Chris Hayes has a good story about nearly getting arrested for weed

Image credit: Robert Thivierge, C.C.License
Recently one of the nation’s few remaining mannerly conservatives, David Brooks, revealed that he once upon a time smoked pot.

The point of his op-ed wasn’t to talk bongs. He told you he smoked pot so he could get to the business of chiding Colorado for legalizing recreational marijuana, saying that the state is “nurturing a moral ecology in which it is a bit harder to be the sort of person most of us want to be”.

While suggesting Colorado is an immoral swamp, Brooks avoided the greater immorality: America disproportionately imprisons brown people for pot-related crimes.

Chris Hayes also has a pot story. Chris Hayes is another fortunate who holds a coveted seat at the very small pundit banquet table. In contrast, Chris realizes what kind of privilege he enjoyed – and still enjoys.

Chris Hayes explains how he escaped arrest at the Republican National Convention in 2000, and how this ties in to the War on Drugs.

Had enough yet?
I think the nation is past ready to quit feeding brown and black people to the prison system over pot. We must continue to call out the senselessness of pot convictions and “we” needs to include those of us who have a seat at some table of power, be it ever so tiny [like this card table of a blog].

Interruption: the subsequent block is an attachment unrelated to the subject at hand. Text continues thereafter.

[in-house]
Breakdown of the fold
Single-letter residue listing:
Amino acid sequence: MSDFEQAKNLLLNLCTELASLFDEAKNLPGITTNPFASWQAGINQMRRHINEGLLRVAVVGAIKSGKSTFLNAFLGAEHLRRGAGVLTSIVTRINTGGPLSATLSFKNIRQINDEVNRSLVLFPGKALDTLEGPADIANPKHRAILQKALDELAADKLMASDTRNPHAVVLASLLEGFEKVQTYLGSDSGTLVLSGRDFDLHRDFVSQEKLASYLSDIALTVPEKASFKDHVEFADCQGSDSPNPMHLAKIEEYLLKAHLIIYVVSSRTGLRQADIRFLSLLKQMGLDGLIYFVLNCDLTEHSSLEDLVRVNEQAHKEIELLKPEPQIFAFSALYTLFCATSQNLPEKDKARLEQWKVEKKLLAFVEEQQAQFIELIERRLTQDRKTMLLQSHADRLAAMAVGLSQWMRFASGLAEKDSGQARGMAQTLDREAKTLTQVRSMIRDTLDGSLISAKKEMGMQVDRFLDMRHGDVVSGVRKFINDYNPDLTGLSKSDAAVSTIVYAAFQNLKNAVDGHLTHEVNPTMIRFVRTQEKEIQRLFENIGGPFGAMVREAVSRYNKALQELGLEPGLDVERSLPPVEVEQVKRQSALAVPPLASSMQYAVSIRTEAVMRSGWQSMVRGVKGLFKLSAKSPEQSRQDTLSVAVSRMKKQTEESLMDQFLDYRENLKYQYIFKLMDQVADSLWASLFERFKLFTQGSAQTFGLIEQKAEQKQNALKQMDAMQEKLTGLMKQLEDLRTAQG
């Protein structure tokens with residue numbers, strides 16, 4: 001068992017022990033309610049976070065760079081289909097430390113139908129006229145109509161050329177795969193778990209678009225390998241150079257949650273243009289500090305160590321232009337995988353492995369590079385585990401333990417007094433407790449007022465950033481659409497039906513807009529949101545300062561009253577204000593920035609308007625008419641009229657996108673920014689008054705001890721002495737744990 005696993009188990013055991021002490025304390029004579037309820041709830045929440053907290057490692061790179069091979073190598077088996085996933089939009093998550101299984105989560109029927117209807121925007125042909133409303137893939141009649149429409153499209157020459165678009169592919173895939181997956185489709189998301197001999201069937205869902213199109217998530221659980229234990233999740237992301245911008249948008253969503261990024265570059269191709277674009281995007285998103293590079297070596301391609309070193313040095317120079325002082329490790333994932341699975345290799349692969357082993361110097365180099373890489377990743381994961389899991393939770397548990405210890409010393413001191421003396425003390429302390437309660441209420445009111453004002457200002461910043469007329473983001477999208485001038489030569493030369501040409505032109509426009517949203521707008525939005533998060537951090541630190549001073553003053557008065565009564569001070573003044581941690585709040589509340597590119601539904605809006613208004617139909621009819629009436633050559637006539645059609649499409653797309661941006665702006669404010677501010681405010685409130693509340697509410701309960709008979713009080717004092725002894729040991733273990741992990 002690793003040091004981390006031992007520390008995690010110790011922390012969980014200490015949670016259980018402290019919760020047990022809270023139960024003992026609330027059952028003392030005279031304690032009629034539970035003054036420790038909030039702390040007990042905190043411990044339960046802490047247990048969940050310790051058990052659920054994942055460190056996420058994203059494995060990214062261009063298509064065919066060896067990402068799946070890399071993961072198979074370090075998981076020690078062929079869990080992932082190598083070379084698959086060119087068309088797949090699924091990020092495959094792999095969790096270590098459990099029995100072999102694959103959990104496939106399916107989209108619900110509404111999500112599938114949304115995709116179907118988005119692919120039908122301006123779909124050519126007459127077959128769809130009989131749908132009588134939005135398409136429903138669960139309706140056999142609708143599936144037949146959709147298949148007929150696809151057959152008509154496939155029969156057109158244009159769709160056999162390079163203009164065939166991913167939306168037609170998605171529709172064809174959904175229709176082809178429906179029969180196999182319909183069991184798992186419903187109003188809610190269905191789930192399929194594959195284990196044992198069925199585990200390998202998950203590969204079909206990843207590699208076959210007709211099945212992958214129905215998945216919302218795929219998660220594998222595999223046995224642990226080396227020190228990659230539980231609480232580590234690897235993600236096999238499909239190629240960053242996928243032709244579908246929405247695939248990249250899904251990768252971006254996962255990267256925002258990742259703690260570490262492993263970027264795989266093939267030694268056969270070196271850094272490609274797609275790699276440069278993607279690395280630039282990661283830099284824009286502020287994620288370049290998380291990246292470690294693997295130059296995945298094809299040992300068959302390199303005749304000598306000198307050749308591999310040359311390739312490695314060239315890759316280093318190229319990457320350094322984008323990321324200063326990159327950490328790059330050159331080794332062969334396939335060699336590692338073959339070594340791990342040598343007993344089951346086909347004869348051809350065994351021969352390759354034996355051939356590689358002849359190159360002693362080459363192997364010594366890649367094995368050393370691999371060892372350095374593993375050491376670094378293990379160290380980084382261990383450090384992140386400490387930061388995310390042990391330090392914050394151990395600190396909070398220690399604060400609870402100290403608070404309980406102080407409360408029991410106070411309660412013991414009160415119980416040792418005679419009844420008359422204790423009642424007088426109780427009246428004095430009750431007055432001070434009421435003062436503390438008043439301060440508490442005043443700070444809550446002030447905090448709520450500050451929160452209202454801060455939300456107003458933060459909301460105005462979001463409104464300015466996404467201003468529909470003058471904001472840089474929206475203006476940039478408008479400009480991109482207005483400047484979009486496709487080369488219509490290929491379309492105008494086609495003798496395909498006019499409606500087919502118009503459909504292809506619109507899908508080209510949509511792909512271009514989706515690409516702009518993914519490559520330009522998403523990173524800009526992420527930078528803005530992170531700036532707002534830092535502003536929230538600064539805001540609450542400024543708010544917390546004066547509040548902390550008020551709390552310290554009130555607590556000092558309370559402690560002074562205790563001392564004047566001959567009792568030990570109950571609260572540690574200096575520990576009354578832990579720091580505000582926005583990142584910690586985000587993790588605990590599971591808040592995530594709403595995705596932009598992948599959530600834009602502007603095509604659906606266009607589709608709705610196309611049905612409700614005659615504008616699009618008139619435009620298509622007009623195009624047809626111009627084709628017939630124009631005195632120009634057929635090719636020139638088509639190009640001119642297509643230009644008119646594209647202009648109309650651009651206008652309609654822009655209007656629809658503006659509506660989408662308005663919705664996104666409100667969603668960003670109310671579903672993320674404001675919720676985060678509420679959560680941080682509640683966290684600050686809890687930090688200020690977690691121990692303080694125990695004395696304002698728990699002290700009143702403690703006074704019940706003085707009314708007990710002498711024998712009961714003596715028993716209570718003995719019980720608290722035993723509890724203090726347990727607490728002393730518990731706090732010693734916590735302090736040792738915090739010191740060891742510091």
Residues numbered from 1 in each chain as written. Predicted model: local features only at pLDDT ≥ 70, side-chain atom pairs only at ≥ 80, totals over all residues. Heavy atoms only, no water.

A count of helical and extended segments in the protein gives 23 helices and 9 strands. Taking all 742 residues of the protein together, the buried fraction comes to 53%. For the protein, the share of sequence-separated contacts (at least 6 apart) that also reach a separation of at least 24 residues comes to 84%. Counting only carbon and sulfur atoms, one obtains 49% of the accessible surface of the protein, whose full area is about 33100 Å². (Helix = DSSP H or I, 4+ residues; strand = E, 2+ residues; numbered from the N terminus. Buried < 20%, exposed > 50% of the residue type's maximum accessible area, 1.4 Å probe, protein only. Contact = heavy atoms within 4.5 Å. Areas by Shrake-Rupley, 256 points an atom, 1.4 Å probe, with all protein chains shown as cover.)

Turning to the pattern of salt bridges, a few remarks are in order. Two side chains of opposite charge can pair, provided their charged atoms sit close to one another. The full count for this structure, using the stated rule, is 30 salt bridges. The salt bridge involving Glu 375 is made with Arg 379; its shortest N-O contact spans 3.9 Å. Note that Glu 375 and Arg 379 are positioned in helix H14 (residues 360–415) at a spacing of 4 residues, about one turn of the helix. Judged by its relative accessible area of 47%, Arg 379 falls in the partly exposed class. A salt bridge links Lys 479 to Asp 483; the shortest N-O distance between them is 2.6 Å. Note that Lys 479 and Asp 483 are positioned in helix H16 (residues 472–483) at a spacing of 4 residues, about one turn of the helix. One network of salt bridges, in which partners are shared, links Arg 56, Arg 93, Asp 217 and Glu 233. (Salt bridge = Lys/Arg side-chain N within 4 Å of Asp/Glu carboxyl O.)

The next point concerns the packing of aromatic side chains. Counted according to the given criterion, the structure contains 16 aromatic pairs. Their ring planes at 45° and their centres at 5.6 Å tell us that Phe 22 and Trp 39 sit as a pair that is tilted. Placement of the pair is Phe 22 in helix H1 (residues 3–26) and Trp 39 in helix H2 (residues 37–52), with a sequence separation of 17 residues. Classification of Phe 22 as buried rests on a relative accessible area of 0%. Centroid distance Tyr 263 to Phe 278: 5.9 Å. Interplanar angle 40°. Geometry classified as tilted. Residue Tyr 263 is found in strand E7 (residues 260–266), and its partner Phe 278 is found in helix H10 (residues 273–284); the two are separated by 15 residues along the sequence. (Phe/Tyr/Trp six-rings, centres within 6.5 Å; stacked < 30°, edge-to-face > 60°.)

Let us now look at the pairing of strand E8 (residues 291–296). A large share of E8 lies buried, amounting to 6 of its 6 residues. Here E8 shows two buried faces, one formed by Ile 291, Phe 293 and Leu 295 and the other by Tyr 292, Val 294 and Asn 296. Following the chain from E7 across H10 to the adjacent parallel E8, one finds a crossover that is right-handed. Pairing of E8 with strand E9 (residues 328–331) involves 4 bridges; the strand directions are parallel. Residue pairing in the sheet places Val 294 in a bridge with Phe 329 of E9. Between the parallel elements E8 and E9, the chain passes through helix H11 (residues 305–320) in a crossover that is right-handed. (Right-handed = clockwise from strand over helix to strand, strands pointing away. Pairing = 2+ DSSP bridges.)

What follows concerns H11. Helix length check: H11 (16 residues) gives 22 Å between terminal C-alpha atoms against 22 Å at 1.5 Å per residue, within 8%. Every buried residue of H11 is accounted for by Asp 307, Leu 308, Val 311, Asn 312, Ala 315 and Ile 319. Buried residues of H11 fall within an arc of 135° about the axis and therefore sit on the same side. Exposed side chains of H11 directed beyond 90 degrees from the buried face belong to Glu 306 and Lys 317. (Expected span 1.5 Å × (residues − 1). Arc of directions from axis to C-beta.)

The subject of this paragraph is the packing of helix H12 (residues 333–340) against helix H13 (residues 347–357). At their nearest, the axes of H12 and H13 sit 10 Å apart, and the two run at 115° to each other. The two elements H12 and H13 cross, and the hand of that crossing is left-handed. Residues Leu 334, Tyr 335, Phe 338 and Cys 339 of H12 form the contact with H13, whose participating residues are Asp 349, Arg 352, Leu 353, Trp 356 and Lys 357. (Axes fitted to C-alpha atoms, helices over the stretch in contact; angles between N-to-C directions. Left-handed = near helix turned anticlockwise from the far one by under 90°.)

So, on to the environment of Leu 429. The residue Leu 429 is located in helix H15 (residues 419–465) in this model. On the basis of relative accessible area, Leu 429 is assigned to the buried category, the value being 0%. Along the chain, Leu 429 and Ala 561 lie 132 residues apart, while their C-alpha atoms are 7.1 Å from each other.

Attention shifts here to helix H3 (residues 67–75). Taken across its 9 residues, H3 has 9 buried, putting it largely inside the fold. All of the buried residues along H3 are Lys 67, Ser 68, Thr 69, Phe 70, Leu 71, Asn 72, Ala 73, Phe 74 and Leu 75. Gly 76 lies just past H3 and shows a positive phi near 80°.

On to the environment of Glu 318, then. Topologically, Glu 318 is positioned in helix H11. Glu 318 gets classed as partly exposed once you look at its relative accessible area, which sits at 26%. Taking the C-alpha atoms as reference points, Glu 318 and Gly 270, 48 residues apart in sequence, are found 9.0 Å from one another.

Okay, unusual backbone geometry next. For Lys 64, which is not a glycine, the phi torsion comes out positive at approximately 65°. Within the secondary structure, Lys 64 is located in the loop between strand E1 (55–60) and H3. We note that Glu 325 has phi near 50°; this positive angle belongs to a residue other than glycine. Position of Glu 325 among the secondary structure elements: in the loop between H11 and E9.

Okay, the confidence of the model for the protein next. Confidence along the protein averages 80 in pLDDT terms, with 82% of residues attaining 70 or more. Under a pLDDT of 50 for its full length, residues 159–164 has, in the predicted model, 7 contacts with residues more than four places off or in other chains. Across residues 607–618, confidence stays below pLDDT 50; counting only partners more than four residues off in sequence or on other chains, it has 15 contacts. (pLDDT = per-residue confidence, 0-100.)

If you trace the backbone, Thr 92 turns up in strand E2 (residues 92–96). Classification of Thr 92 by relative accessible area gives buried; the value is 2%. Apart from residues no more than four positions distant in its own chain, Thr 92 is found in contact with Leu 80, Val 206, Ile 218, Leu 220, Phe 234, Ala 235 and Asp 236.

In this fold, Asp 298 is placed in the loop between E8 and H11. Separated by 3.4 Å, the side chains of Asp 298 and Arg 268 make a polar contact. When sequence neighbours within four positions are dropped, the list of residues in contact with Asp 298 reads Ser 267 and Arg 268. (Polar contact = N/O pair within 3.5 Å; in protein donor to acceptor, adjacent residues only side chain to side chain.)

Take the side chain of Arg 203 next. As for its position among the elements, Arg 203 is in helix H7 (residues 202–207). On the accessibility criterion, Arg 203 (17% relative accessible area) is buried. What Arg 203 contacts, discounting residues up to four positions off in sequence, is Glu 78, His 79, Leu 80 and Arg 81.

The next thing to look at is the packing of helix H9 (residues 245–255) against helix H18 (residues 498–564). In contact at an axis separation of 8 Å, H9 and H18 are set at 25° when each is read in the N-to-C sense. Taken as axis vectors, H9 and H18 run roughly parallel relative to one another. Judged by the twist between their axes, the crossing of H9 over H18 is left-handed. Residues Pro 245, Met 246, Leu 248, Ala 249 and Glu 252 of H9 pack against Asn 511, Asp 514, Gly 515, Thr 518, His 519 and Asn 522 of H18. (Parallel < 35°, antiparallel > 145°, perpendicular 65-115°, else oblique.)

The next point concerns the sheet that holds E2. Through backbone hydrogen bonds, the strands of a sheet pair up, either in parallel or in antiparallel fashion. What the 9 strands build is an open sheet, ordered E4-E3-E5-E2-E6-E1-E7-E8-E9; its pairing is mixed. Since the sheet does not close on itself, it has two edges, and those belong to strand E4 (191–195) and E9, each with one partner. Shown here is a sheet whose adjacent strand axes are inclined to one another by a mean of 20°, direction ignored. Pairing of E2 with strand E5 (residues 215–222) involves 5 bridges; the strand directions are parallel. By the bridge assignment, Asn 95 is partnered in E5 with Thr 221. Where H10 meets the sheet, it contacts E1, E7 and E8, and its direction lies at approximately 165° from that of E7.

Colorado and Washington show us we can make progress. Let’s keep this thing going.

Footnote: What the leaders did and said

Just a super-basic sketch of things.

So, when Obama campaigned in 2008 he said,
“I think we need to rethink and decriminalize our marijuana laws,” Mr. Obama said during a debate at Northwestern University. “But I’m not somebody who believes in legalization of marijuana.”

This might be why people were pretty surprised that medical marijuana raids and prosecutions went up under Obama’s time. Now that the fed. gov’t has a couple of states [CO has put it into practice – WA will do so in 2014] with legal recreational marijuana, it has pledged to crack down only on “serious trafficking” in those regions.

The Ghost of Pot Regulation Future?

I’m not sure where Hillary Clinton stands at present on this issue.

Hillary Clinton – through a spokesperson – said she opposes decriminalization in 2008.

I hope her biggest fans press her – and all of the potential candidates for president – on this issue.

As usual you the people must lead and they the politicians must then hurry up — and run in front and take the credit. That is how a lot of stuff works (when it works).

Moms for Marijuana International
Wisconsin NORML – facebook group, web site


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